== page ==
“We drastically improved the bill to require parental consent for all in-school health screenings, to require parental notification for changes in a child's mental health status, and to prohibit classroom instruction in radical gender ideology,” she said.

Ward also co-sponsored legislation vetoed by Gov. Mark Gordon that would have banned all gun free zones in Wyoming, and voted for a special session this spring to overturn some of Gordon’s vetoes.

She also was a major advocate for property tax reform and supported a bill brought by fellow Casper Republican Rep. Steve Harshman that would have eliminated all property taxes for most Wyoming residents in return for a higher sales tax rate.

“Although the bill did not pass, it does demonstrate that I will work together with folks on ideas, regardless of where they originate,” she said.

If reelected, Ward said her goal is to “restore sanity” by passing her “What Is A Woman Act?” legislation clarifying the definitions of male and female.

“After Biden's rewrite of Title 9 and Governor Gordon's unwillingness to stand up to the radical federal government, it's up to the Legislature to protect women and girls,” Ward said.

Ward also said she plans to bring back for a third time a bill that would nullify any jurisdiction for mandates brought by the Centers For Disease Control and Prevention and World Health Organization in Wyoming.

Voice To The People

Jarvis said her work as a public servant has given her a dedication to working with others to find solutions.

“I am running for House District 57, but I’m going to try and do something they say cannot be done in today’s politics — I’m going to give a voice back to the local people,” Jarvis said in her video.

She described the current state of politics in Wyoming as a “political circus” with legislators who are unaware of how their decisions affect everyday Wyomingites. Jarvis said she holds Wyoming politics to a higher standard and expects legislators to look out for their constituents’ interests.

“We should be able to disagree respectfully, but today there seems to be a lot more concern with national talking points and social media than solutions that benefit us,” Jarvis said.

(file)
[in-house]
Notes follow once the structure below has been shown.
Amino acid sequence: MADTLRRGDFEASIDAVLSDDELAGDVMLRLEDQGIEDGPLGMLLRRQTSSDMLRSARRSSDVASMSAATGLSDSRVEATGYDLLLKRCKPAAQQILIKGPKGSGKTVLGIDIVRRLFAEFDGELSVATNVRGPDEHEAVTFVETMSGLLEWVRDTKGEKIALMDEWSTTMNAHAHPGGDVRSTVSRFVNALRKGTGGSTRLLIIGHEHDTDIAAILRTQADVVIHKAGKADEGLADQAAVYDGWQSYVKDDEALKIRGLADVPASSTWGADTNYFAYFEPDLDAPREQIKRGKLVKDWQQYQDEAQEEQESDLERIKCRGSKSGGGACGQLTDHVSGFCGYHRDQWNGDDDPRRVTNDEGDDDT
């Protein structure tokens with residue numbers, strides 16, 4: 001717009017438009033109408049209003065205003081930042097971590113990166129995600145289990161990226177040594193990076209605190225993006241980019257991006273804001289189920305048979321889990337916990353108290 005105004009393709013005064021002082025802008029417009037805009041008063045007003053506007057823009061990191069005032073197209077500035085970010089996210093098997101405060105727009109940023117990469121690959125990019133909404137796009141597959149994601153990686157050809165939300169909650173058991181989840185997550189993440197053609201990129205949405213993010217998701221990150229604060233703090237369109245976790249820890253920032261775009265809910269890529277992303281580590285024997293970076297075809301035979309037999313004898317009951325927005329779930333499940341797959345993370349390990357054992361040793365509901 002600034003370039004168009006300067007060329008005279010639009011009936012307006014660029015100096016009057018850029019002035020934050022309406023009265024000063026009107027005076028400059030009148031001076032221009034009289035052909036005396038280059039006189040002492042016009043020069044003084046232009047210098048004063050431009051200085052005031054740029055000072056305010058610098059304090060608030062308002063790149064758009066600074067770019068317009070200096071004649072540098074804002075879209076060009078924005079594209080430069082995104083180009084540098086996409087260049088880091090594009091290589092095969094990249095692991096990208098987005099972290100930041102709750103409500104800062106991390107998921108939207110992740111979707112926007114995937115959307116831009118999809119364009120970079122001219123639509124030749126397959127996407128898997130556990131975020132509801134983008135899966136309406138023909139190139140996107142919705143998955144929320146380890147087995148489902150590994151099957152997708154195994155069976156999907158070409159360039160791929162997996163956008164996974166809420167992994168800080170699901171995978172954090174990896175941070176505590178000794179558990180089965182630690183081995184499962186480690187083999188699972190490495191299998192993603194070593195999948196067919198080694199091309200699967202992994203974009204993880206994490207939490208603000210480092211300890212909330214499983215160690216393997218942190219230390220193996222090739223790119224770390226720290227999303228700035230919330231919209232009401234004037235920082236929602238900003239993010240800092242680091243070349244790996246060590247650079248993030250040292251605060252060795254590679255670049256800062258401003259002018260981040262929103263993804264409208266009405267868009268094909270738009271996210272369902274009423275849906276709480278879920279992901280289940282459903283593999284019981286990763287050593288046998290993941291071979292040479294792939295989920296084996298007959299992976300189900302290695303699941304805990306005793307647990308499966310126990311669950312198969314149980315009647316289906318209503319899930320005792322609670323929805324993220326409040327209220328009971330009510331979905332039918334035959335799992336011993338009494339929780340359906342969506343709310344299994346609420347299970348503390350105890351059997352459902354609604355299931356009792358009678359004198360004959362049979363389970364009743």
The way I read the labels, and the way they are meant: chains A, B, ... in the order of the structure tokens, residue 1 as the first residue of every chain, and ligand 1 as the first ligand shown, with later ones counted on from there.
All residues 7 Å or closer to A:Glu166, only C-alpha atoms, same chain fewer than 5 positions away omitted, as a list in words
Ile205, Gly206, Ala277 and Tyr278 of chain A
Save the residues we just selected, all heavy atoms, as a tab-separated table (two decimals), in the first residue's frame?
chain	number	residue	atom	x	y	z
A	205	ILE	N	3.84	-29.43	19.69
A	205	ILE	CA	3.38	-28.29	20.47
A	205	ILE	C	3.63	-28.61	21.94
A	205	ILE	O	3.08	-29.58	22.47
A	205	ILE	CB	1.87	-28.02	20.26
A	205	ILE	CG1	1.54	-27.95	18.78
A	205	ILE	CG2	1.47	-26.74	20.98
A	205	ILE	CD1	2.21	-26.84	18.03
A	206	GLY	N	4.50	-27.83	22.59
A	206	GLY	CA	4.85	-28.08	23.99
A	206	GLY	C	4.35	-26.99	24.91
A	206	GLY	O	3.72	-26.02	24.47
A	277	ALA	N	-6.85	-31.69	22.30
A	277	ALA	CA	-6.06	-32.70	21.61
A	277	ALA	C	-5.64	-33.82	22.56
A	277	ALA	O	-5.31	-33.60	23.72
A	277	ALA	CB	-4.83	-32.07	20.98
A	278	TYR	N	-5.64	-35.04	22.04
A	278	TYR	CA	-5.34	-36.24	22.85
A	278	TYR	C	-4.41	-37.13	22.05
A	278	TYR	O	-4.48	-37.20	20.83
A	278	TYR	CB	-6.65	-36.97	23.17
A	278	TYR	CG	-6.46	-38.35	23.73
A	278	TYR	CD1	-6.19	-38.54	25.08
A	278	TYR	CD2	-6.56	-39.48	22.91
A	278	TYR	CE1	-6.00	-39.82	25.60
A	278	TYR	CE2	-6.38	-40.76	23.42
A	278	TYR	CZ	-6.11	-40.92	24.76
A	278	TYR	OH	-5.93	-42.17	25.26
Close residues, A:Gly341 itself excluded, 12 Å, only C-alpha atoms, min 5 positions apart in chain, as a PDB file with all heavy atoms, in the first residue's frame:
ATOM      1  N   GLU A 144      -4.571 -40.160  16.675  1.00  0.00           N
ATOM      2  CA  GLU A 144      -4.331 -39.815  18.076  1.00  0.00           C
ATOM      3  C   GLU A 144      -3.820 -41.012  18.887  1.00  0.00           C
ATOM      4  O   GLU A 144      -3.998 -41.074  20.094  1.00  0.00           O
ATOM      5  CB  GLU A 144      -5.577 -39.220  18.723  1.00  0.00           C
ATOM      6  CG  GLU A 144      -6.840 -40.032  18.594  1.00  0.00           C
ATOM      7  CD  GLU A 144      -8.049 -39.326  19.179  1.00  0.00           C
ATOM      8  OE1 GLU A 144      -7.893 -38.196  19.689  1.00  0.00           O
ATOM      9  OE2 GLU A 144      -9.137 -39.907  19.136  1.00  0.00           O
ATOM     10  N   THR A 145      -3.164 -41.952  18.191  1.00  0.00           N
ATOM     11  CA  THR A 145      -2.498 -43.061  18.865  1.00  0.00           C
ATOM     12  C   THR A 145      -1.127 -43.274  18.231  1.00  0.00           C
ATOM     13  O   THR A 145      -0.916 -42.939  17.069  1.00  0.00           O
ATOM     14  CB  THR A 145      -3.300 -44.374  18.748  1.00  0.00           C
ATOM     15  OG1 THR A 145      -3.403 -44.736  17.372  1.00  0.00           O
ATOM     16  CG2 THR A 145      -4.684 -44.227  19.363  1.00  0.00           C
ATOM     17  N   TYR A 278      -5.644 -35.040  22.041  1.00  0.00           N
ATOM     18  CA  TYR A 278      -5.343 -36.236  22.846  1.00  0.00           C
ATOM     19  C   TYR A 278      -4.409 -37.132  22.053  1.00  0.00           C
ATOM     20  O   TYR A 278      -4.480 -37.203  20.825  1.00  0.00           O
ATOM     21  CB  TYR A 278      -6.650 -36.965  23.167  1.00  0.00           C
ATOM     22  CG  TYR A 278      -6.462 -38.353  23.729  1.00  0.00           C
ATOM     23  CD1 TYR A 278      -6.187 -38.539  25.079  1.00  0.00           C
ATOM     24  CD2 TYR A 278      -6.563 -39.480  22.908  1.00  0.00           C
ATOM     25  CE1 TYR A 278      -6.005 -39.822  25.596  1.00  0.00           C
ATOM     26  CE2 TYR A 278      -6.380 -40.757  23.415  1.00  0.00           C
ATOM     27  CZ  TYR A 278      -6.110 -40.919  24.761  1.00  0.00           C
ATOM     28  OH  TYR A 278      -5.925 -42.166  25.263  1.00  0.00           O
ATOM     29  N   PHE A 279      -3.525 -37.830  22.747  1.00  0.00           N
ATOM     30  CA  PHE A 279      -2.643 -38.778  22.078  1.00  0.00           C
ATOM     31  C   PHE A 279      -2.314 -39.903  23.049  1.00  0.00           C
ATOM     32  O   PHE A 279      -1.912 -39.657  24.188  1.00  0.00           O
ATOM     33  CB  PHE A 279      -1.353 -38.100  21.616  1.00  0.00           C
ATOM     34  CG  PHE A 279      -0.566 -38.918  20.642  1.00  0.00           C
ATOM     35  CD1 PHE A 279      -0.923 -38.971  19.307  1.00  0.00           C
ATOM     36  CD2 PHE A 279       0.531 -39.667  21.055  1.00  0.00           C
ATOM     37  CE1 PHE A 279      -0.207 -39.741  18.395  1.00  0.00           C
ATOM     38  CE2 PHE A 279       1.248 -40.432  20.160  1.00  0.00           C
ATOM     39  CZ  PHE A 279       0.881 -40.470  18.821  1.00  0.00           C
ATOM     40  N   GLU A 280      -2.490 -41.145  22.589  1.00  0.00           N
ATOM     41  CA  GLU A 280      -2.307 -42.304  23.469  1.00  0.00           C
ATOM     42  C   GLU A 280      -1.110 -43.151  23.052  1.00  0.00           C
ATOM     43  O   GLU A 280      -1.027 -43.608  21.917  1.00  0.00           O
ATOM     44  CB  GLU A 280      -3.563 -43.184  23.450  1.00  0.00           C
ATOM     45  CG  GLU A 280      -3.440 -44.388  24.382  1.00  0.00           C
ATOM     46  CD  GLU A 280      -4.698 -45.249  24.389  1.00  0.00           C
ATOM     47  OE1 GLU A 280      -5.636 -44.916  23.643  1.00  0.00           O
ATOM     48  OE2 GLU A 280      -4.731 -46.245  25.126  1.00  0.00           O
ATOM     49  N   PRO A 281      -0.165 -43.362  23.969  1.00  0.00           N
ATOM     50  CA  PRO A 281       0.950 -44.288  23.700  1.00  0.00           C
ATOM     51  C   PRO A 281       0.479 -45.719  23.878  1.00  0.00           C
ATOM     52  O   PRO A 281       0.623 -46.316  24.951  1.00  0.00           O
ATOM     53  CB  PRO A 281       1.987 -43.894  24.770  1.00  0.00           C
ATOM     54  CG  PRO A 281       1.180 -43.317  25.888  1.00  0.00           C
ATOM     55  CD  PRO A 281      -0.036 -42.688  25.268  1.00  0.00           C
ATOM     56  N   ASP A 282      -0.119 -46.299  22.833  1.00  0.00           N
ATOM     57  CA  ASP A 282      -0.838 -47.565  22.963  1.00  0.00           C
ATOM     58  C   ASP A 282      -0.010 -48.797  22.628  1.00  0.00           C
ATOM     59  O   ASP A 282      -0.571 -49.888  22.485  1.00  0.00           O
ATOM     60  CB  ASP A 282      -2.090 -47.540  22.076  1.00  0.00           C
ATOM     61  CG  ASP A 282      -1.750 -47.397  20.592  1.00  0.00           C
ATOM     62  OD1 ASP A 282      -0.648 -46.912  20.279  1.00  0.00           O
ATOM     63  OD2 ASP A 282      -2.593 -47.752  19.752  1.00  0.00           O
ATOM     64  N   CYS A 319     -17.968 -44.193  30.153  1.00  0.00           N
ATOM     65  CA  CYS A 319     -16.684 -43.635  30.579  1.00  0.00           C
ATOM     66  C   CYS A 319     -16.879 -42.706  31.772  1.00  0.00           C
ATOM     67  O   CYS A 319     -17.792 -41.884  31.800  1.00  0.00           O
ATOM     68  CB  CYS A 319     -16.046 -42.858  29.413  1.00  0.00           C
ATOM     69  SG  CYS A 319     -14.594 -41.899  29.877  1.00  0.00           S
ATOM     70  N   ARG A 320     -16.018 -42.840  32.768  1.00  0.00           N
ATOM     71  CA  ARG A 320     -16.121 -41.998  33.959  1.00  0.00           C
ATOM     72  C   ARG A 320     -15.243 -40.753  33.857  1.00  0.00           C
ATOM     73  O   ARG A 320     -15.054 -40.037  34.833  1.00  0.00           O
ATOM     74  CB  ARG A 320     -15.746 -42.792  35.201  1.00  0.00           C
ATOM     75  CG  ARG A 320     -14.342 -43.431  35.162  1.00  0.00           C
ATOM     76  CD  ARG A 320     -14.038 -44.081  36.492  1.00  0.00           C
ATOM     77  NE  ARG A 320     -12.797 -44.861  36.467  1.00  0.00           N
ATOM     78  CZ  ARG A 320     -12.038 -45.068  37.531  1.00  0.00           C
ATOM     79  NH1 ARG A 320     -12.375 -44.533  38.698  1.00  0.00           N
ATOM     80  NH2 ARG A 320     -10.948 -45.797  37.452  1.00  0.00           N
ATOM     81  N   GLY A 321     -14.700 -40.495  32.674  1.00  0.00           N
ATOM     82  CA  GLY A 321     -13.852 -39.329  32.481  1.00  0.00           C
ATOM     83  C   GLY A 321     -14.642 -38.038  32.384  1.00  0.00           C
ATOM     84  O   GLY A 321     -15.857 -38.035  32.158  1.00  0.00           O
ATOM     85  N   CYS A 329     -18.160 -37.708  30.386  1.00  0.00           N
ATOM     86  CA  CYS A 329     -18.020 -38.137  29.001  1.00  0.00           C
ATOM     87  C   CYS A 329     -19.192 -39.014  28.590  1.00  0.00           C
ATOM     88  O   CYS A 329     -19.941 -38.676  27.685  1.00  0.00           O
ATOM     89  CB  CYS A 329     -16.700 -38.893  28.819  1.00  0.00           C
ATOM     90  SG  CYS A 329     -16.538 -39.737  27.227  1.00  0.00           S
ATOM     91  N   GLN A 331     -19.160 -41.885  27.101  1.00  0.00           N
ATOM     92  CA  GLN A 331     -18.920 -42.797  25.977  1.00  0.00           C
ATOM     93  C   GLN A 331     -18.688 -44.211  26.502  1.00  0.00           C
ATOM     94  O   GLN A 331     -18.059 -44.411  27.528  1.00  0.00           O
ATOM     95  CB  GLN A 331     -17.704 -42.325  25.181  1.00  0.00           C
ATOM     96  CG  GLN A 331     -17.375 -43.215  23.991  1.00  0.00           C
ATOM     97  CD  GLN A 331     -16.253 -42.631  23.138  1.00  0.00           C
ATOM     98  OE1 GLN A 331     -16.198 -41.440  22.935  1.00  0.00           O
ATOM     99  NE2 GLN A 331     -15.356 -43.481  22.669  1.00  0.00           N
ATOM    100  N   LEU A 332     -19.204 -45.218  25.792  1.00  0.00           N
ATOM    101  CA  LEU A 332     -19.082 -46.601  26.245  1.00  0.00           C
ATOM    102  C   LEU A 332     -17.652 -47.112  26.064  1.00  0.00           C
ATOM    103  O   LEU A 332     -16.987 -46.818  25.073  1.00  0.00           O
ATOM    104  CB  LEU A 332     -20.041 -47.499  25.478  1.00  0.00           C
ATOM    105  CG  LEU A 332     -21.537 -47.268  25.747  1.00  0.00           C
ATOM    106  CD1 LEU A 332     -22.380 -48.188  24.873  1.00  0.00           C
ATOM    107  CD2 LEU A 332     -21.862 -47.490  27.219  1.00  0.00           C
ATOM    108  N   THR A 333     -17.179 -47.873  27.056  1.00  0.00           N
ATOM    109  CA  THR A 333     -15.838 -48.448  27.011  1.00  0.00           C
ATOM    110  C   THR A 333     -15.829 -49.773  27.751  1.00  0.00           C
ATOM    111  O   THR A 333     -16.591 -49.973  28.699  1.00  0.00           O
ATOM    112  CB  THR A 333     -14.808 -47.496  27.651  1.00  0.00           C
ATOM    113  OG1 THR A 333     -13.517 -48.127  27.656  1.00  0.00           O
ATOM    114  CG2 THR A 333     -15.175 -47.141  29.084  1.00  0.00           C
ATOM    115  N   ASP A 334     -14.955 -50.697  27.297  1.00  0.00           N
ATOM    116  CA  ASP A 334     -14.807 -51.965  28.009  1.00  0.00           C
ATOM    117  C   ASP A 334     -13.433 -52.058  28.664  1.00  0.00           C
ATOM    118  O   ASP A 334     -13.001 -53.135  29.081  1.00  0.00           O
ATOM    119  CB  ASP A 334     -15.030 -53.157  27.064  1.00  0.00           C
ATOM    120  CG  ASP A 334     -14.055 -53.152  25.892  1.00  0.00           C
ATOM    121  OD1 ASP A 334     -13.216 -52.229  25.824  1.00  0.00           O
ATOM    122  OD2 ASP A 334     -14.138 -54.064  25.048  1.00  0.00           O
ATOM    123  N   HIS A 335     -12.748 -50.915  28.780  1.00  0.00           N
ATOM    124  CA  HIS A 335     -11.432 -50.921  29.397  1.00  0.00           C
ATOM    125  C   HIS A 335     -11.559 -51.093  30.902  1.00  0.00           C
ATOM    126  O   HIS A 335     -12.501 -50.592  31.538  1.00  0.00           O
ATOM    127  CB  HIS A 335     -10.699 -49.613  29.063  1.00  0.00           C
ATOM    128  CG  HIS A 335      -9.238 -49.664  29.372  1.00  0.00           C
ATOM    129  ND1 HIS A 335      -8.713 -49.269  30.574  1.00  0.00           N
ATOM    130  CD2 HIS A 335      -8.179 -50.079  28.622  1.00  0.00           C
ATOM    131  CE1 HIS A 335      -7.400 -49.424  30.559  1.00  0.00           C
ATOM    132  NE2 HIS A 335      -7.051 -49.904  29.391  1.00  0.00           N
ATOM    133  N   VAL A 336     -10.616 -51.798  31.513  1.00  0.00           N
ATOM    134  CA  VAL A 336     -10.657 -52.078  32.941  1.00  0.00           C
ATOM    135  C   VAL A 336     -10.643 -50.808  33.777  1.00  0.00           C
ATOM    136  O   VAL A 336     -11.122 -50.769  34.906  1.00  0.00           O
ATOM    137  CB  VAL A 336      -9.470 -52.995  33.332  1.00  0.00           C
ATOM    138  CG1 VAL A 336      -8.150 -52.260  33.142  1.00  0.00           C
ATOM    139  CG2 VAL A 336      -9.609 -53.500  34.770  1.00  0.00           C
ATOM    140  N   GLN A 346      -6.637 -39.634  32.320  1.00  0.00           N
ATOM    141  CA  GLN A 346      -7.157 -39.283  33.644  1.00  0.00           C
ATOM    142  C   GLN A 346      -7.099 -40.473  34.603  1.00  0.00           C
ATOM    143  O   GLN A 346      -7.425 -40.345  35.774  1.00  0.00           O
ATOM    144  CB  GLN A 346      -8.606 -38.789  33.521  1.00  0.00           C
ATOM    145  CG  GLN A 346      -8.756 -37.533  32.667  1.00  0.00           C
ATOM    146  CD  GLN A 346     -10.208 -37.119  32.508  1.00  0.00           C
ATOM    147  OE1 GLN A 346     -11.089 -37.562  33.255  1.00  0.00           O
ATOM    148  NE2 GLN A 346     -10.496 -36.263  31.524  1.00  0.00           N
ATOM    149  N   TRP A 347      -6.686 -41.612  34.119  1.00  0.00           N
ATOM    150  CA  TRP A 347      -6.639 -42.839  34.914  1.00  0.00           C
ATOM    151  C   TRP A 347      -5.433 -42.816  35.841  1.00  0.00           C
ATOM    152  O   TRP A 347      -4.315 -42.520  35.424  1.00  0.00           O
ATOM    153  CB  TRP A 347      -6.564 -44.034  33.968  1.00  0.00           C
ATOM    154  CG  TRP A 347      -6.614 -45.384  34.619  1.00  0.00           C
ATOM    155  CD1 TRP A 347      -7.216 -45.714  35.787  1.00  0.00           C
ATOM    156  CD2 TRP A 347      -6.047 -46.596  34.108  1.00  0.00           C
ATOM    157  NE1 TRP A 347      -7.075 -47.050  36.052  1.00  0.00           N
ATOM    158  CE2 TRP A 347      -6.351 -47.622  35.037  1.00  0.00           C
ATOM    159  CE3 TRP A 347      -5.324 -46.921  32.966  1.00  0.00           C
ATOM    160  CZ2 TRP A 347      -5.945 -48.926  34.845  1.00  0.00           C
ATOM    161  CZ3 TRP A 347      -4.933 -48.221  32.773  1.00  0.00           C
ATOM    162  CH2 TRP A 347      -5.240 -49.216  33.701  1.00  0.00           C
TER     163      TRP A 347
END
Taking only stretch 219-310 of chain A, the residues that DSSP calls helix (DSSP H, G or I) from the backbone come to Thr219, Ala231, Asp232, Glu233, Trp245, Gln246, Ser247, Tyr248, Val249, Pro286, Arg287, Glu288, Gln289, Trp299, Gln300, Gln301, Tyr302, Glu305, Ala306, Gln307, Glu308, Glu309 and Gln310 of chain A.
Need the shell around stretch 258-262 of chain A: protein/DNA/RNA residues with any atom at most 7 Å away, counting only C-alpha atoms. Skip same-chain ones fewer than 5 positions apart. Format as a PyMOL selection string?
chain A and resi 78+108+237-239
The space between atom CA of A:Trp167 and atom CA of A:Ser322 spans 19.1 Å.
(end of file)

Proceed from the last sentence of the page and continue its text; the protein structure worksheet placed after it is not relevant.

She also said Ward supports a controversial proposed gravel pit in Casper that many locals there oppose. Ward voted against Senate File 44, a bill that had an amendment added to it that would have stopped some development of the pit.

“This is one example of how our representative isn’t listening to our local community or people, the majority have no voice,” Jarvis said.

Ward said this isn’t true and that she hasn’t taken a position on the pit, which isn’t in their district.

“My opponent started out her campaign with slanderous lies about my position on the gravel pit controversy,” she said.

Key Race

Because of Ward’s prominence as one of the leading faces of the Freedom Caucus, the HD 57 race will likely be seen as one of the key Wyoming Legislature races of the 2024 election season.

HD 57, which makes up southeast Casper, has shown a propensity for very conservative representation in the past. Before Ward took office, HD 57 was represented by current Secretary of State Chuck Gray, who held the seat since 2016.

A Ward loss would be a bad sign for the Freedom Caucus in its efforts to gain, not lose, seats in the upcoming election. Ward said she’s optimistic about their chances.

“Conservatives have the momentum from the grassroots on up, which is evidenced by the recent censure of Governor Gordon,” Ward said. “The people of Wyoming have common sense, believe in limited government and understand biological reality. That's what the Freedom Caucus fights for.”

Jarvis said she’s not seeking out an endorsement or support from the Wyoming Caucus, a group of more moderate Republicans that have organized to oppose the Freedom Caucus, “at this time.”

Leo Wolfson can be reached at leo@cowboystatedaily.com.

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Leo Wolfson

Politics and Government Reporter